Complications can include: 
  • Vision loss
  • Impaired vision  
  • Pain or burning 
  • Haloing 
  • Multiple-vision 
In 2017, the US Food and Drug Administration conducted a clinical trial to assess patient-satisfaction after LASIK.
About half of the patients in the trial developed burred or distorted vision that they had never experienced before surgery - even if their sight was technically 'improved.' 
They also found that patients were about half as likely to tell their doctors about developing complications after surgery as they were to admit to these issues in an online survey. 
The American Refractive Surgery Council claims that LASIK has never been the 'primary cause' of someone's post-operative blindness. 
Back in 2008, the FDA held a hearing and heard testimony from patients who had suffered from blurred vision or burning eyes for years ever since surgery.
Families claimed their loved ones had lost their jobs and even been driven to suicide by the complications they developed after LASIK. 
LASIK also requires the surgeon to cut a 'flap' in the front of the cornea and fold it back, which raises the risks of infection and, if the flap is not properly replaced, this can cause blurred or double-vision. 
The newer SMILE (small incision lenticule extraction) procedure is supposed to minimize those risks because it requires a much smaller incision in the cornea.
Approved by the FDA in 2016, SMILE so far seems to carry lower risk of dry eyes after surgery. 
Patients must be 22 years old, and the procedure is only intended to correct nearsightedness and astigmatism.
It still carries risks of: 
  • Haloed or glared vision 
  • Debris getting into the corneal incision area
  • Infection
  • Needing 'retreatment' with a more invasive surgery  
  • Making vision worse
  • Blindness   
If there are complications during a SMILE procedure, surgeons may have to switch to the more invasive technique, or do another operation.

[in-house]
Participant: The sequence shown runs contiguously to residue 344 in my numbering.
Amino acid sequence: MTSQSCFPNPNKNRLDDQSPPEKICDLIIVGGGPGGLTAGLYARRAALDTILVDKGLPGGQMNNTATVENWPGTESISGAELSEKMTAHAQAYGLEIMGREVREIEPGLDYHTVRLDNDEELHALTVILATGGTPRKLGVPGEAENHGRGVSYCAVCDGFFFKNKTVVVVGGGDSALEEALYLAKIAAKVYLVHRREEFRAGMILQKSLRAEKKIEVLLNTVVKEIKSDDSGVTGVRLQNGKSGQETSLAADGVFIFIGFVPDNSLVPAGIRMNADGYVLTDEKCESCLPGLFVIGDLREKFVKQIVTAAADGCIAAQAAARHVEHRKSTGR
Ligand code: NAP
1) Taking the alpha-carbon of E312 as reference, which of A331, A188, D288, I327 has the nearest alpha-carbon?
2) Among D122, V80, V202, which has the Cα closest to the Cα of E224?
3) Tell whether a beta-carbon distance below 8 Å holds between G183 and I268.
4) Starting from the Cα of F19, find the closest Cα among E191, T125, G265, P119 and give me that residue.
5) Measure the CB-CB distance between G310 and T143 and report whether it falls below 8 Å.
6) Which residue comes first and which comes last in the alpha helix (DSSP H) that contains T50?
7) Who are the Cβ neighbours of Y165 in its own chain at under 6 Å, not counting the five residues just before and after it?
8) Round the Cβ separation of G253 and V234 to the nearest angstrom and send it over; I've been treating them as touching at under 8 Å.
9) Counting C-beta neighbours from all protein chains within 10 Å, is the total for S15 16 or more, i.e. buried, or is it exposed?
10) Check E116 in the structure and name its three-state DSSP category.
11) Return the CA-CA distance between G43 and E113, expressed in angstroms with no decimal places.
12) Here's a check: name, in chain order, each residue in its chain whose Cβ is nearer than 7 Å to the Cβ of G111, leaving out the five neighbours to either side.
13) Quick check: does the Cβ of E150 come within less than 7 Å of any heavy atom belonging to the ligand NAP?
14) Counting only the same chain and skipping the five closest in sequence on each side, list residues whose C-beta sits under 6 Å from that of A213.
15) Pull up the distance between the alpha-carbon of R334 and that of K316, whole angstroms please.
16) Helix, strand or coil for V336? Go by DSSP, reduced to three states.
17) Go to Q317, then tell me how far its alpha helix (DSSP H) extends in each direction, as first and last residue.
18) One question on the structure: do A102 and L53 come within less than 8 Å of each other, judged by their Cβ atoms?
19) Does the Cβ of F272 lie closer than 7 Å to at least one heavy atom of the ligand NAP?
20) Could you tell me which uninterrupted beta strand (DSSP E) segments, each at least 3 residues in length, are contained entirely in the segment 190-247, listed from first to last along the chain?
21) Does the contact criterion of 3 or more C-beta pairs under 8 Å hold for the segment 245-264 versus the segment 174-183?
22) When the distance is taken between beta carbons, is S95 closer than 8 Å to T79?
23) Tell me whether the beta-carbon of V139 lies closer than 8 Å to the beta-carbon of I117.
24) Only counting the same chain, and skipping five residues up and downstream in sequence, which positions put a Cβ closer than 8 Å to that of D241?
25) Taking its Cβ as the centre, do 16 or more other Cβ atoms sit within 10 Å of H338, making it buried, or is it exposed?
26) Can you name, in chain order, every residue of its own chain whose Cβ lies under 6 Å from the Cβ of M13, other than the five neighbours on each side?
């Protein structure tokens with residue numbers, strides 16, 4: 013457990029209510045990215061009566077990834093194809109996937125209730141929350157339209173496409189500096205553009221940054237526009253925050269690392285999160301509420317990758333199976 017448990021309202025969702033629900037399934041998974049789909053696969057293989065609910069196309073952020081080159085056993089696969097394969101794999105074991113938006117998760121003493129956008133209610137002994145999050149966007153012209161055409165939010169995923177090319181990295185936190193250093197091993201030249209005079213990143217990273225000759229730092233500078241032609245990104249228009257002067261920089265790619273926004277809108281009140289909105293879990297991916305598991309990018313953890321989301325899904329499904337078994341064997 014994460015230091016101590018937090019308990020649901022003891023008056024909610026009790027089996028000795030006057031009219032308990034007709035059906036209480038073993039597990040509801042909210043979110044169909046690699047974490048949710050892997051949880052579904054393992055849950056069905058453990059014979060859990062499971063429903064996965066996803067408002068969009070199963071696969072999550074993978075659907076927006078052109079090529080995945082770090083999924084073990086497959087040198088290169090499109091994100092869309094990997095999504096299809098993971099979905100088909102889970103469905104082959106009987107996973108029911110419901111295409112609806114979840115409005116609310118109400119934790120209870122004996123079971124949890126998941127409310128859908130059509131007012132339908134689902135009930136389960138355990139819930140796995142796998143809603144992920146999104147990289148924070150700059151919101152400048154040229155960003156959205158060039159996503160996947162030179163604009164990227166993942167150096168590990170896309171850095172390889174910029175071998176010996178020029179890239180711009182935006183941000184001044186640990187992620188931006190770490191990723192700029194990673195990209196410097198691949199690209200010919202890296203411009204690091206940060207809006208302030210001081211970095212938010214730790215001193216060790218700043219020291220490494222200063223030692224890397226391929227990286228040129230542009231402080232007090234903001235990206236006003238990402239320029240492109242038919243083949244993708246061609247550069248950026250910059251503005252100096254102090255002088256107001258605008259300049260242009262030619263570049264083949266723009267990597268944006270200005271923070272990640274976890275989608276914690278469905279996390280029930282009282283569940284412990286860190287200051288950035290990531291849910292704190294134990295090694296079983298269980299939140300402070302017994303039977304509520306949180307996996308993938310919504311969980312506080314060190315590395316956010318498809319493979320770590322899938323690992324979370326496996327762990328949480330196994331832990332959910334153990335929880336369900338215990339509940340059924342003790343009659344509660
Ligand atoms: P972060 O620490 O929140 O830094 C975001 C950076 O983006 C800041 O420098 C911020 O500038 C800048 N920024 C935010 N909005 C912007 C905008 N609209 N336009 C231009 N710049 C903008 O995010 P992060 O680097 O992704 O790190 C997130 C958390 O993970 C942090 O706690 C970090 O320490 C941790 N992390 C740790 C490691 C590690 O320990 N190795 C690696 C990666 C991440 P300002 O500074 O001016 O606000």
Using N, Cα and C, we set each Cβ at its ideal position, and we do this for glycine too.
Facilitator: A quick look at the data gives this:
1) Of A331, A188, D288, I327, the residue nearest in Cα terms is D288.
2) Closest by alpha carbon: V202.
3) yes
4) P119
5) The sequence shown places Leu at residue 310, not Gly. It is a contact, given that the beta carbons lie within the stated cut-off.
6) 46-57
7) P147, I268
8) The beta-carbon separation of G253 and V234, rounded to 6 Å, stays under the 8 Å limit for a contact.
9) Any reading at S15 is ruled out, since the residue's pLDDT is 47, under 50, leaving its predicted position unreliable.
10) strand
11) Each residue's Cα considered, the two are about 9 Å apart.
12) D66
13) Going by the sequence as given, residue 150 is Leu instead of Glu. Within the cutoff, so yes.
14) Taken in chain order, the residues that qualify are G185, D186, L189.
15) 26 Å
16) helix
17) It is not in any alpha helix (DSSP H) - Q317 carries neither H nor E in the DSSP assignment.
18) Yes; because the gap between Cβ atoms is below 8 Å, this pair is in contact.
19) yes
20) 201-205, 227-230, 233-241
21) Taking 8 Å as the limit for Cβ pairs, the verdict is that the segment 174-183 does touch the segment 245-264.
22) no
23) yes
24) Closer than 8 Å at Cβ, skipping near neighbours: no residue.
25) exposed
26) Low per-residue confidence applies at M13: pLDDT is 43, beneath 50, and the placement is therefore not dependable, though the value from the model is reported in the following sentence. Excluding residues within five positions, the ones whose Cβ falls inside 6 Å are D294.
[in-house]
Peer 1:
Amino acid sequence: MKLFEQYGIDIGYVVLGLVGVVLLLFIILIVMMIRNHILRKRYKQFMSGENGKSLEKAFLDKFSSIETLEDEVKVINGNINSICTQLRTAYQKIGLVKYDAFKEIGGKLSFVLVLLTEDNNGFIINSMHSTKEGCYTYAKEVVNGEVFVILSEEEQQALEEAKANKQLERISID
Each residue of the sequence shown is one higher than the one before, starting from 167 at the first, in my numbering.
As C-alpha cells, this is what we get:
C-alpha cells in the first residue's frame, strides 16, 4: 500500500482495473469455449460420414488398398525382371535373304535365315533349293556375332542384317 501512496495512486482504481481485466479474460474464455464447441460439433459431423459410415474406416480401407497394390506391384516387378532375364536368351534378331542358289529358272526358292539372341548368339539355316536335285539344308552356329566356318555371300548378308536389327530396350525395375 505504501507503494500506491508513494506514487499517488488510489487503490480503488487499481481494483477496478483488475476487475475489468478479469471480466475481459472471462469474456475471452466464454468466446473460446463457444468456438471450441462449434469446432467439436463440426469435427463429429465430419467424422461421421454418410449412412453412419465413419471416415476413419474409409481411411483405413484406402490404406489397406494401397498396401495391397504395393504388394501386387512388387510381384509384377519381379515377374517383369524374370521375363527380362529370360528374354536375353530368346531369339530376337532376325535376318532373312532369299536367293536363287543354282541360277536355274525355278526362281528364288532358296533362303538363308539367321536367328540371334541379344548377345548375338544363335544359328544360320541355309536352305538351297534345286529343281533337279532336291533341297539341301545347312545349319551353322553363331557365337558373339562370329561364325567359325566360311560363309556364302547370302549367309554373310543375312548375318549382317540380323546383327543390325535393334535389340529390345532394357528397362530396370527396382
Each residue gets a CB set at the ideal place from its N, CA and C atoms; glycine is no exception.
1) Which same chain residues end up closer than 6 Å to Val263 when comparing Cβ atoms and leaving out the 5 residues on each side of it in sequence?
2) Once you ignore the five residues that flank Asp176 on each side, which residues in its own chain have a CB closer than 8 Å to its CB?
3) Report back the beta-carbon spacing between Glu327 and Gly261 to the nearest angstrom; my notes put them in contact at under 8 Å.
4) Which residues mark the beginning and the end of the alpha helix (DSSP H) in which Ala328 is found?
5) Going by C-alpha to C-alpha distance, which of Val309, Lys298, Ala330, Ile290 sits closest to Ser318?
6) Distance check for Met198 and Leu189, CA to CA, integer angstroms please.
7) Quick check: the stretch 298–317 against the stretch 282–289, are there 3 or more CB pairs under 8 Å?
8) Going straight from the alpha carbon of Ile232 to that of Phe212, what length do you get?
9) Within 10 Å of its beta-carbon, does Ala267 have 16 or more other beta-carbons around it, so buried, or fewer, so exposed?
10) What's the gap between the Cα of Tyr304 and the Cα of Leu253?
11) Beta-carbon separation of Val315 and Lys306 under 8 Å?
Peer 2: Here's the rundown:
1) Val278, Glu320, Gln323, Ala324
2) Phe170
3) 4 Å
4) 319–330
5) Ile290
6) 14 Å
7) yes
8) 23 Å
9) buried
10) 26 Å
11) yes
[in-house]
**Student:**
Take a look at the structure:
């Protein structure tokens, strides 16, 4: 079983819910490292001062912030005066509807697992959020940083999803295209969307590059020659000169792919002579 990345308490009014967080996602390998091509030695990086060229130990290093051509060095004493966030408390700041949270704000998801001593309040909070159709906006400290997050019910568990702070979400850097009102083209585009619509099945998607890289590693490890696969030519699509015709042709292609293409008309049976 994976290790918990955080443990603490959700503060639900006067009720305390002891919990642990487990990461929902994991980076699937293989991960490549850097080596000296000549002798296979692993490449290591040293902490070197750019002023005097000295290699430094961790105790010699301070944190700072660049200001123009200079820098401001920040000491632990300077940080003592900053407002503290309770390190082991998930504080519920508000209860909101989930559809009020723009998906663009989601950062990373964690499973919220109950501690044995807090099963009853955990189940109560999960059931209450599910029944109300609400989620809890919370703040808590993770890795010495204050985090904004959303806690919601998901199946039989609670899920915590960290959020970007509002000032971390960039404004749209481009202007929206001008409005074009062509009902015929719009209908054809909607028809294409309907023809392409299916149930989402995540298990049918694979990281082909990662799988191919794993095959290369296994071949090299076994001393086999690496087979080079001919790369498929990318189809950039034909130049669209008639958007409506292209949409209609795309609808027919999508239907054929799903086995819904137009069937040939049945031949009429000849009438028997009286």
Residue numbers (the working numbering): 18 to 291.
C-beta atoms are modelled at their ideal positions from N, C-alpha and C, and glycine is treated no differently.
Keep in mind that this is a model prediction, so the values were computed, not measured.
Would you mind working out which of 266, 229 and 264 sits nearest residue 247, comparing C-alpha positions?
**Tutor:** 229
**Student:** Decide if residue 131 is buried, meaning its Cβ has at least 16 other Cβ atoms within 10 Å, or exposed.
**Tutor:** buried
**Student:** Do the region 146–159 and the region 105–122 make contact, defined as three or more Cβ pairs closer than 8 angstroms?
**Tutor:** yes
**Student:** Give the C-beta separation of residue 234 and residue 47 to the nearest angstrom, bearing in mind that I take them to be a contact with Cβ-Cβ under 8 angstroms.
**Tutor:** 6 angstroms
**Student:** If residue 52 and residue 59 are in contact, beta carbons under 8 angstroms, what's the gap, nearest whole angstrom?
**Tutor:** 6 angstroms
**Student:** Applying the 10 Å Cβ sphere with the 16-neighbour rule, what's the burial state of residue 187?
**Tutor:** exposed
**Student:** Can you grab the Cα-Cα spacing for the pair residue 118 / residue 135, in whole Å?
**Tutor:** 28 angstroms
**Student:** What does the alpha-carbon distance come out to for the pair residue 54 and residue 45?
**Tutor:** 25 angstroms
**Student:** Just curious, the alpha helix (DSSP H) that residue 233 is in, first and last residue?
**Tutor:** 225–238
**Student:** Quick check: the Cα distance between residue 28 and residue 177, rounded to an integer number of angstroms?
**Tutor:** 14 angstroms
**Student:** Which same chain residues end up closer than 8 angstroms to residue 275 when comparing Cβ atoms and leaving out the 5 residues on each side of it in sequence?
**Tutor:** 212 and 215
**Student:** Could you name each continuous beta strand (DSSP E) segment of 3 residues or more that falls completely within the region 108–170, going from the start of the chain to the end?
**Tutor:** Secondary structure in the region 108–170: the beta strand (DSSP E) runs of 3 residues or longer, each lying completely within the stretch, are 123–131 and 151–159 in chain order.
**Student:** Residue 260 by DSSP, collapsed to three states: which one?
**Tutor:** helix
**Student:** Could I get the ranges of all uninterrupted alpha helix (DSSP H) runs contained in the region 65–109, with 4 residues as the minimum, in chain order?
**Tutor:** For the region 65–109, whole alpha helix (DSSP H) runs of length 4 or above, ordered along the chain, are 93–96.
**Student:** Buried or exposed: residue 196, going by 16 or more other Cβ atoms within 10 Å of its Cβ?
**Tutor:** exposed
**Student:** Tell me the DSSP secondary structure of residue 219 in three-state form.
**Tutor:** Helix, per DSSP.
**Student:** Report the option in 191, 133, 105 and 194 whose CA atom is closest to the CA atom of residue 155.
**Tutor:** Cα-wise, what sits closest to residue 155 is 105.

Recovery from SMILE is supposed to be shorter, lasting a few days as opposed to a month. 
Nearly all patients recorded in FDA data have shown improvements from SMILE, but 10 percent said they had moderate or severe glare and six percent  saw halos, though these mostly subsided after a year. 
However, about 2.5 percent of patients experienced minor deterioration of these corrections after a year.  
 Sources: American Academy of Ophthalmology, AllAboutVision.com
In November, Canadian Paul Fitzpatrick, 56, took his own life after blaming the procedure for giving him 20 years of intolerable pain in his eyes. 
It is unclear if Starr was taking any type of medication to recover from the procedure.
Paul Fitzpatrick, 56, underwent a laser PRK procedure in 1996 that involved removing the thin, top layer of the eye and reshaping corneal tissue to sharpen vision - a predecessor of the popular Lasik eye surgery.
Since then, the father-of-two suffered headaches and described feeling needles in his eyes as well as an unbearable dry and burning sensation.
He left a suicide note when he took his life in October, which described the pain he felt that pushed him to death.
'I cannot experience any type of pleasure anymore,' Paul wrote. 'Just the pain of burning eyes inside my head and throughout myself… 
'Since 1996 Pain, pain and more pain, please forgive me for not being strong enough to cope. 
The past few months have been unbearable.'
If you or anyone you know is struggling and needs confidential help, contact the National Suicide Prevention Lifeline on 1-800-273-8255 or visit their website here.